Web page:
In the first of a 50-part series, National Jeweler is taking the pulse of the nation’s independent jewelers state by state, starting with Alabama.
Tuscaloosa, Ala.--Contemporary times pose challenges for the retail industry and the way stores nationwide do business.

New generations of shoppers have different attitudes and values, and the jewelry industry, which deals in product that’s best seen in person, must learn to communicate digitally.

The editorial team at National Jeweler wondered how these macro-trends have affected jewelers in disparate parts of the country.

Are the challenges affecting the retail jeweler in Florida as much of a concern to the jeweler in California, and does a store in Alaska rely on the same top-selling styles and brands as a store in Arkansas?

In a bid to answer these questions, National Jeweler decided to poll one jeweler in each of the 50 states.

We started with Hudson-Poole Fine Jewelers in Tuscaloosa, Alabama, a college town where owner Gene Poole constantly adapts to millennial behaviors yet preserves his core service values.

20170423 50StatesAlabama headerHudson-Poole Fine Jewelers has one 8,700-square-foot store and 14 employees. It was founded in 1995 and is owned by Gene Poole.
National Jeweler: What’s the biggest challenge your store is facing?

Gene Poole: I think it’s twofold. I think one, the internet is a tremendous competitor, and I think having the right sales people is another big problem.

In our particular area, we’re in a little bubble; we’ve been at about 4.5 percent unemployment for the last 15 years. We’re very fortunate that we’re basically fully employed. In other words, if you want a job in Tuscaloosa, Alabama, you should be able to get a job.

So, therefore, the pool of workers is not tremendous and, being a smaller retailer jeweler, we require employees to work on Saturdays and a lot of people are not liking to work on Saturdays.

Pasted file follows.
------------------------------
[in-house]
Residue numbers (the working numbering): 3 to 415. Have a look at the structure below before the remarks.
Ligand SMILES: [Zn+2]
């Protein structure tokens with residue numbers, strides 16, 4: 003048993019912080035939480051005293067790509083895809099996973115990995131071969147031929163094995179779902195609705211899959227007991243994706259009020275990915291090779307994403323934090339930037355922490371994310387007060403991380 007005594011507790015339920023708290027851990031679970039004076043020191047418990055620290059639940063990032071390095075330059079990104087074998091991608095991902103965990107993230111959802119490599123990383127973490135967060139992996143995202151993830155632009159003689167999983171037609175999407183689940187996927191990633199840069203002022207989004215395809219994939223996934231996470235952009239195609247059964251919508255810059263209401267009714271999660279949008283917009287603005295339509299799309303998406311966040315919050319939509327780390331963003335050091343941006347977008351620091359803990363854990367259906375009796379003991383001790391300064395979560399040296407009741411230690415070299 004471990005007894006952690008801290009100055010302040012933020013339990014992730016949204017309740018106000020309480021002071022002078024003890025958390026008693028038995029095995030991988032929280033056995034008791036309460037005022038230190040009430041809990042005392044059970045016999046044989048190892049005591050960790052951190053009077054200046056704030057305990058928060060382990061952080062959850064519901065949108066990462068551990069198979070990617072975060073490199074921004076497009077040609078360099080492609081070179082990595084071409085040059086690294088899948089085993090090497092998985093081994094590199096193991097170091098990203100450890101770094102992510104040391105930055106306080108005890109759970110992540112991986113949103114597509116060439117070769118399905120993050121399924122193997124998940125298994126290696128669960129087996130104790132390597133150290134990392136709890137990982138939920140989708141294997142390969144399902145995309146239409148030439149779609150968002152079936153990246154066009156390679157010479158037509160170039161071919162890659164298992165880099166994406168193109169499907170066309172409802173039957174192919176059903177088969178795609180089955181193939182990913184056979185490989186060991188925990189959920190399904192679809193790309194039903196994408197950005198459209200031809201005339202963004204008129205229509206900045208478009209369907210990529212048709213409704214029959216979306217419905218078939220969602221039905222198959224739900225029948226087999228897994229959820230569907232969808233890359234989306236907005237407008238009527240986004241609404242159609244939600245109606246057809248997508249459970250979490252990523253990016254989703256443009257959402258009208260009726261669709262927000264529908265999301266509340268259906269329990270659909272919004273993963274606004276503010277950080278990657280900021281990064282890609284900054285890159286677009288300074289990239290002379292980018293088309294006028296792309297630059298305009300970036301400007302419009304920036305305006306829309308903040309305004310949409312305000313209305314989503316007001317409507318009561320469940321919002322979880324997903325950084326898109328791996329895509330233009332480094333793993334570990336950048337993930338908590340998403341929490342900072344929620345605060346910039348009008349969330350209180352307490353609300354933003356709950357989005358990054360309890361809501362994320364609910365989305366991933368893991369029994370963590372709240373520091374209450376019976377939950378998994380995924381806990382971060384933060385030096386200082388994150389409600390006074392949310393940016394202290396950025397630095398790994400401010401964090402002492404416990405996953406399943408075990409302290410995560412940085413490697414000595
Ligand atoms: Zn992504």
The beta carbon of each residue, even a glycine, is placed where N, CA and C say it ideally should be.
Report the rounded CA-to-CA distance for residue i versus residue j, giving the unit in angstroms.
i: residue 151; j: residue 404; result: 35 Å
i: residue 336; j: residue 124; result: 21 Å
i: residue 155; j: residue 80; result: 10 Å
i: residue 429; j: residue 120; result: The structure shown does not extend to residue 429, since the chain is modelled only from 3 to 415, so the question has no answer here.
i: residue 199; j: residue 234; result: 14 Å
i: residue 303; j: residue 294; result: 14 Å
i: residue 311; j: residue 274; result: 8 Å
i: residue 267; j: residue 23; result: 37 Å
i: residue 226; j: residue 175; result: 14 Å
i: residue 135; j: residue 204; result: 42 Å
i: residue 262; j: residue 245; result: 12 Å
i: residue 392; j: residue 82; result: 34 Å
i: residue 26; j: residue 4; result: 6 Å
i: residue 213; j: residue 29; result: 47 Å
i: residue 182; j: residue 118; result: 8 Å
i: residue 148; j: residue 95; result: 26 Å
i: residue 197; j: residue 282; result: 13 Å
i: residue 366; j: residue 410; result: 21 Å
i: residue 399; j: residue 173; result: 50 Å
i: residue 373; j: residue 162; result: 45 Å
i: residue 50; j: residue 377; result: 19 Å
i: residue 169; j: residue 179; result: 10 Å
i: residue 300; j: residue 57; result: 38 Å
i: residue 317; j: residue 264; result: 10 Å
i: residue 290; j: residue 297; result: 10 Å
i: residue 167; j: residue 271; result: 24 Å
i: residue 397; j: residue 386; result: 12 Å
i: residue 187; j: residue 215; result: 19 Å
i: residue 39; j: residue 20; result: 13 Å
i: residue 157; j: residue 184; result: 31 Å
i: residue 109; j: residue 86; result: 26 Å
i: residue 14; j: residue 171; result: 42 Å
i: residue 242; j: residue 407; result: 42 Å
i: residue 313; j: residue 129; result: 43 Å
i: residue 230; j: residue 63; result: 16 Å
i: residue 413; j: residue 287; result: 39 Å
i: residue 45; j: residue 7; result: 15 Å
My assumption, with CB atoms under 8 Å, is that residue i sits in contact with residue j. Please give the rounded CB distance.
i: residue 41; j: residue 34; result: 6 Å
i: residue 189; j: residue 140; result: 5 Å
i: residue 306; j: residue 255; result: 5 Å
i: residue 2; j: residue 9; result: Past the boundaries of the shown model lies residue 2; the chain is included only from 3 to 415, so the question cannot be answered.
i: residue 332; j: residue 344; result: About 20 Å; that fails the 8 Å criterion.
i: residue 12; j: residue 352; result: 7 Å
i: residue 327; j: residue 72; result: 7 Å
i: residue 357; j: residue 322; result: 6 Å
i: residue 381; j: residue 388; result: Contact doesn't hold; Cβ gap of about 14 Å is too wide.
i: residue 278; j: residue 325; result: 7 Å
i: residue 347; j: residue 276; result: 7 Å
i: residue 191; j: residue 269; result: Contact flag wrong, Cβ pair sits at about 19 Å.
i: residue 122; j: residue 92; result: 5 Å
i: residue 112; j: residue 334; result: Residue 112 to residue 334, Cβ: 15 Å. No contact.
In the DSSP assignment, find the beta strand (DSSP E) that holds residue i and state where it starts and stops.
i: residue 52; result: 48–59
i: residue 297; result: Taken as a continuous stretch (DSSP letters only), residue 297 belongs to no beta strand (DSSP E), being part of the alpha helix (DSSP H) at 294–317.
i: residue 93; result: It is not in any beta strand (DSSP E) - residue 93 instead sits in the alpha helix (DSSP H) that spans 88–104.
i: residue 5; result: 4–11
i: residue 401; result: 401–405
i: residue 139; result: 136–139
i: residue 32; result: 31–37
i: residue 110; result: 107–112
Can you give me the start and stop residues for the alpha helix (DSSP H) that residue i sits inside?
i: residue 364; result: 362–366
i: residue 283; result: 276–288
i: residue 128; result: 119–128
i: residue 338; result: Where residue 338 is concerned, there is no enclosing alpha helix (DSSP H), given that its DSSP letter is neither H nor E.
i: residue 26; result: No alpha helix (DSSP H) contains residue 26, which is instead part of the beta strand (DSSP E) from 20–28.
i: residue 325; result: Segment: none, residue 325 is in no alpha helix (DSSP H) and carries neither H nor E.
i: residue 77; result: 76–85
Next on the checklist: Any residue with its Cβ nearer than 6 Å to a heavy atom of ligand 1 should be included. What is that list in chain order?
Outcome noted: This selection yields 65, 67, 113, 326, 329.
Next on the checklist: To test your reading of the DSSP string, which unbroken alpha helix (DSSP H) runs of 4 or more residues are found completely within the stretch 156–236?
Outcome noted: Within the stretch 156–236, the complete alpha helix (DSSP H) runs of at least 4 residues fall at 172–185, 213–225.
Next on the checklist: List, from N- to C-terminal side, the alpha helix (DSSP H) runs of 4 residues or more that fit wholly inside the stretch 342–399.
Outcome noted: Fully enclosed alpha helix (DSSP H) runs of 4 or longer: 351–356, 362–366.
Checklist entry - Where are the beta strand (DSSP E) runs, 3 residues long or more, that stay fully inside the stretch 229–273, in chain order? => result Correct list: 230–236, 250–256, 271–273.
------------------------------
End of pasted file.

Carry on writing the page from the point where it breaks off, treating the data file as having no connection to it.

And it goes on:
Millennials are a different breed. The millennial workforce is really cool but I think it’s a different group than past generations.

A big problem for my fellow independent jewelers today is a succession plan. I am very, very fortunate to have my son and daughter-in-law in the business with me. Also, my wife is three-quarters of my brain, and I could never have had a successful business without her. She is also the best jewelry buyer in the country. 

NJ: What’s the top-selling item or brand at your store?

GP: Our top-selling item is going to be bridal engagement rings, diamond engagement rings and wedding bands. Martin Flyer and Gabriel & Co. are two of our best-selling brands.

NJ: Describe your regional customer.

GP: We’re in a college town. The University of Alabama is located here. We get students from all over the United States. So our bridal market is primarily that market, not just the regular Tuscaloosa population.

We serve basically west Alabama and east Mississippi. We have Birmingham to the east of us so there are people in that area who don’t need to come this way, but we have a tremendous area in west Alabama that covers about six or eight counties that we serve, as well as eastern Mississippi.

NJ: What’s the most popular style of engagement ring with your clientele now?

GP: I guess I got to say it’s still the halo, but I am seeing a little pushback from that since it has been so popular. We’ve actually sold a couple of solitaires--basic four-prong, Tiffany-style solitaires--and I’m also seeing a great trend of yellow gold. It’s been years since we’ve sold yellow metal for bridal, but we’re seeing a little of that. (There is a) very, very slight trend toward rose gold. Mainly, if there’s anything other than white, it’s going to be yellow.

NJ: What about diamond shapes?

GP: Right now, we’re mainly selling round brilliant but I see a little popularity in oval and maybe a smidgen going back toward marquise … I haven’t seen the marquise in 15 years, but I’m seeing a little bit of interest in marquise now.

20170423 50StatesAlabama insertGene Poole, owner of Hudson-Poole Fine JewelersNJ: What’s your internet presence like?